Do-it-yourself websites for legal services are common these days, in particular ones that will help you start a business, draft a contract, hire workers and deal with a variety of other legal issues that small business encounter. They generally all sell the same thing: cheap products/services and a process that you can complete in 30 minutes. All these sites are loaded with testimonials from successful business owners who wouldn't have been able to get where they are without said website. These services or websites have portals that can connect you with someone to answer your questions, suggest that their documents and information are from actual attorney's, or will be just as effective as something created for you by a real lawyer.
If you look carefully enough though you can see the disclaimers on these sites that separates them from actual legal services: informant isn't guaranteed to be accurate or up to date; we are not a law firm and cannot provide you with any legal advice; information on our website is not intended to be a substitute for a lawyer or law firm; and similar information. Despite all these disclaimers, do-it-yourself websites still try to convince customers that the advice of an actual attorney isn't necessary.
These online services are one-size fits all platforms that provide boilerplate, identical information to businesses that require unique understanding and information to address the specifics of the company. No one-size fits all solution is going to be tailored to the specifics of an individual business, which puts companies in the spot they are trying to avoid - exposing themselves to potential liability that they could avoid. Additionally, online services can't keep up with the changes a business faces as it grows and moves through the business life cycle. You're left hanging on your own to guess what you may need, as opposed to getting advice about issues you face or will face. Questions need to be answered, documents adjusted and changes in circumstances accounted for.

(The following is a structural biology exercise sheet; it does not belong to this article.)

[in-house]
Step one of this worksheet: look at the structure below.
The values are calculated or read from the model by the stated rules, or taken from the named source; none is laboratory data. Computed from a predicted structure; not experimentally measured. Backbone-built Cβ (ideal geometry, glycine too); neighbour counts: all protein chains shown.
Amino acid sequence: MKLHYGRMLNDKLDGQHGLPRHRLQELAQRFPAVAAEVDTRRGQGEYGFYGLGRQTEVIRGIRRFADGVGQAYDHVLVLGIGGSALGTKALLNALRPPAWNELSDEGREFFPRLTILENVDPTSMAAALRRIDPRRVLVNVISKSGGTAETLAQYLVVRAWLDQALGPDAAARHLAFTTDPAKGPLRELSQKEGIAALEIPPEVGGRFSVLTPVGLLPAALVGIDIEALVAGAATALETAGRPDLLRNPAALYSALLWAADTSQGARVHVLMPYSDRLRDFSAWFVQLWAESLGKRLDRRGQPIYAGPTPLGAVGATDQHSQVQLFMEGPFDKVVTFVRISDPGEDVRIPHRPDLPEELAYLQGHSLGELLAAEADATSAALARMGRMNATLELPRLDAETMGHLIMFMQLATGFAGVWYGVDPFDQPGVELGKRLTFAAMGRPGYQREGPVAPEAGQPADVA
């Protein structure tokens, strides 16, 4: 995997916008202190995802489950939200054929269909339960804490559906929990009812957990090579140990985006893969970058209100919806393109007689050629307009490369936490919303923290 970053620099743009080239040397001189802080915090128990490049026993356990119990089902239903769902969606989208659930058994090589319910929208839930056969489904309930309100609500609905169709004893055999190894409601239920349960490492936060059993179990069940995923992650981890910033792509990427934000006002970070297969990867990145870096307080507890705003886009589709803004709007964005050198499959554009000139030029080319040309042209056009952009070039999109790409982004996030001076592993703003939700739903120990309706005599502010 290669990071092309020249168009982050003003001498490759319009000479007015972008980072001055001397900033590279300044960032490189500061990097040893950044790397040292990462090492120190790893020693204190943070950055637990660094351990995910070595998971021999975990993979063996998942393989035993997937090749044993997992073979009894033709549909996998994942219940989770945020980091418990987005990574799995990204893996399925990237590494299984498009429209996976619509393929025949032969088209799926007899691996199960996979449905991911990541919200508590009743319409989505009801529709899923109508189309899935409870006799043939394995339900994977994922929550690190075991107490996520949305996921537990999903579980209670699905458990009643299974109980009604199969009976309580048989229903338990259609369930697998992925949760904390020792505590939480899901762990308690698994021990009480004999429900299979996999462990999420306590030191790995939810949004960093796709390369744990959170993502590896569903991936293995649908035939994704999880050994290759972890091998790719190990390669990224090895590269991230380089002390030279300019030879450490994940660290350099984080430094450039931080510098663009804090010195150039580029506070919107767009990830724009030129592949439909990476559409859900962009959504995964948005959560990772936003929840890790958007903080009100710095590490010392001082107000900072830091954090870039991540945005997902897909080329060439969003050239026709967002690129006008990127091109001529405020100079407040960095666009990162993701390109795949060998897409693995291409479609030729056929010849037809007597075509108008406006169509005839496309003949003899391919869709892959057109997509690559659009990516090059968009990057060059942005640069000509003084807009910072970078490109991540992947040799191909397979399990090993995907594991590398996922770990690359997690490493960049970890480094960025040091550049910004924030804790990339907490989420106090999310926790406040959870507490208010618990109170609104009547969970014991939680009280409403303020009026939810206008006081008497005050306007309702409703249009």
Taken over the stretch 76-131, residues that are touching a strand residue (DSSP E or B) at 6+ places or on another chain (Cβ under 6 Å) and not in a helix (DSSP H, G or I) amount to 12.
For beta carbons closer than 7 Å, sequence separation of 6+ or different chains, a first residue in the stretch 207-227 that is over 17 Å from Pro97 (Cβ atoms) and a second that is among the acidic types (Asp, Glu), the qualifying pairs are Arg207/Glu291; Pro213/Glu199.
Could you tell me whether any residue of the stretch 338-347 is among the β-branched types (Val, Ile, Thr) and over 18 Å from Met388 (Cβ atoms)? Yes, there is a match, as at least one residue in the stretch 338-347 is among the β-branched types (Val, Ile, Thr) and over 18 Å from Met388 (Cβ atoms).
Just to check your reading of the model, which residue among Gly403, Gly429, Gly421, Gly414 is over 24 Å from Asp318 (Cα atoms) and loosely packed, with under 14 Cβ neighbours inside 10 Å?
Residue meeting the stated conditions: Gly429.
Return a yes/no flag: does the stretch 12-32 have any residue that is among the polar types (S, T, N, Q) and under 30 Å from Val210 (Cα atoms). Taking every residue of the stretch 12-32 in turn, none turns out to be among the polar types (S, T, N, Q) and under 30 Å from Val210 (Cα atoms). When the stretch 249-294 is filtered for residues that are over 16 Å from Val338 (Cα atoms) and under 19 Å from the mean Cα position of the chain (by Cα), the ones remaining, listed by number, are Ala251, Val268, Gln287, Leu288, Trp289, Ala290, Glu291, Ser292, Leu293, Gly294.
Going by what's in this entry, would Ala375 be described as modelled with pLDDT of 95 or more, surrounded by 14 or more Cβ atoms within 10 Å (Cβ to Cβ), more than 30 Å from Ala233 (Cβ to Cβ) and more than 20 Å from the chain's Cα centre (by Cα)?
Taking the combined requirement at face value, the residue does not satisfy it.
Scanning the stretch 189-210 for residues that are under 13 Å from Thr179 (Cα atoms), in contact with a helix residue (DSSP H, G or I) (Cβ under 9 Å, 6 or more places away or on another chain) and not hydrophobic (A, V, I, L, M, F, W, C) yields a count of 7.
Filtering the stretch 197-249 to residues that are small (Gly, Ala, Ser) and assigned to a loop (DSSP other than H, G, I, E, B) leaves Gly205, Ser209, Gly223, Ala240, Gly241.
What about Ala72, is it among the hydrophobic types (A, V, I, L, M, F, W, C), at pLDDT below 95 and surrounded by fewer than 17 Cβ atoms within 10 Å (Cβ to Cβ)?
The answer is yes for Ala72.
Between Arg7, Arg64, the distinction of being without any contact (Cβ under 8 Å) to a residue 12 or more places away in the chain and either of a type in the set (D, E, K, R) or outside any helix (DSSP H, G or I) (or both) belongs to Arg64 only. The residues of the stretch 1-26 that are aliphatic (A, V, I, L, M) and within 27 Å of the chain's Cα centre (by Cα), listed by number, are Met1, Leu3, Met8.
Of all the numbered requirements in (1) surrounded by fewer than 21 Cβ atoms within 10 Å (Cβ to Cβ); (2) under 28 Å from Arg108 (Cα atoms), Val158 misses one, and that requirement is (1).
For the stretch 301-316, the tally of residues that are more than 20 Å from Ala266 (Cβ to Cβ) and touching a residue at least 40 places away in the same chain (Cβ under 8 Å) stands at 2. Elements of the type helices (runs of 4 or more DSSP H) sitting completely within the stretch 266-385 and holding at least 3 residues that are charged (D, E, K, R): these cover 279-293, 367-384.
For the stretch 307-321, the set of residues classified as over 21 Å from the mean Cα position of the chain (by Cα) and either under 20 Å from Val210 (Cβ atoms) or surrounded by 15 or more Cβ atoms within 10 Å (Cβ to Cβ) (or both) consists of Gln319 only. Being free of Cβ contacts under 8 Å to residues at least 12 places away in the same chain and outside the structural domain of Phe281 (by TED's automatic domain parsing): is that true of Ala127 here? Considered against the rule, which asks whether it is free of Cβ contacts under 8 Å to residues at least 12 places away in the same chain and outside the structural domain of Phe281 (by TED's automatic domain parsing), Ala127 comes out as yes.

While online services and do-it-yourself sites may have their merits in some limited circumstances, there are several reasons why hiring a lawyer may be a more beneficial option for small business owners:
- Advisory Services. This is probably number one on the list of reasons to seek out legal services from a professional. Small business owners should use lawyers as advisors first and foremost (it's what large companies do, and there's no reason why small business should have the same opportunity). A lawyer can offer legal advice and guidance, help you make informed decisions and act as a strategic partner to you company. An attorney can help you anticipate potential issues, advise you on the best course of action and point out alternatives that you may not have considered. Do-it-yourself online sites aren't allowed to provide legal advice, they simply provide templated documents, which may lead to even more trouble if you aren't exactly sure how to answer some of the questions asked on the forms.
- Expertise and Experience. Lawyers have years of legal education and practical experience. There is specialized training in analyzing legal and risk issues, providing personalized advice, and navigating the intricacies of the legal environment. There are also mandatory continuing legal education requirements so lawyers stay on top of changes in the law, trends and best practices to better advise clients. Standardized forms and templates aren't able to offer the same level of tailored.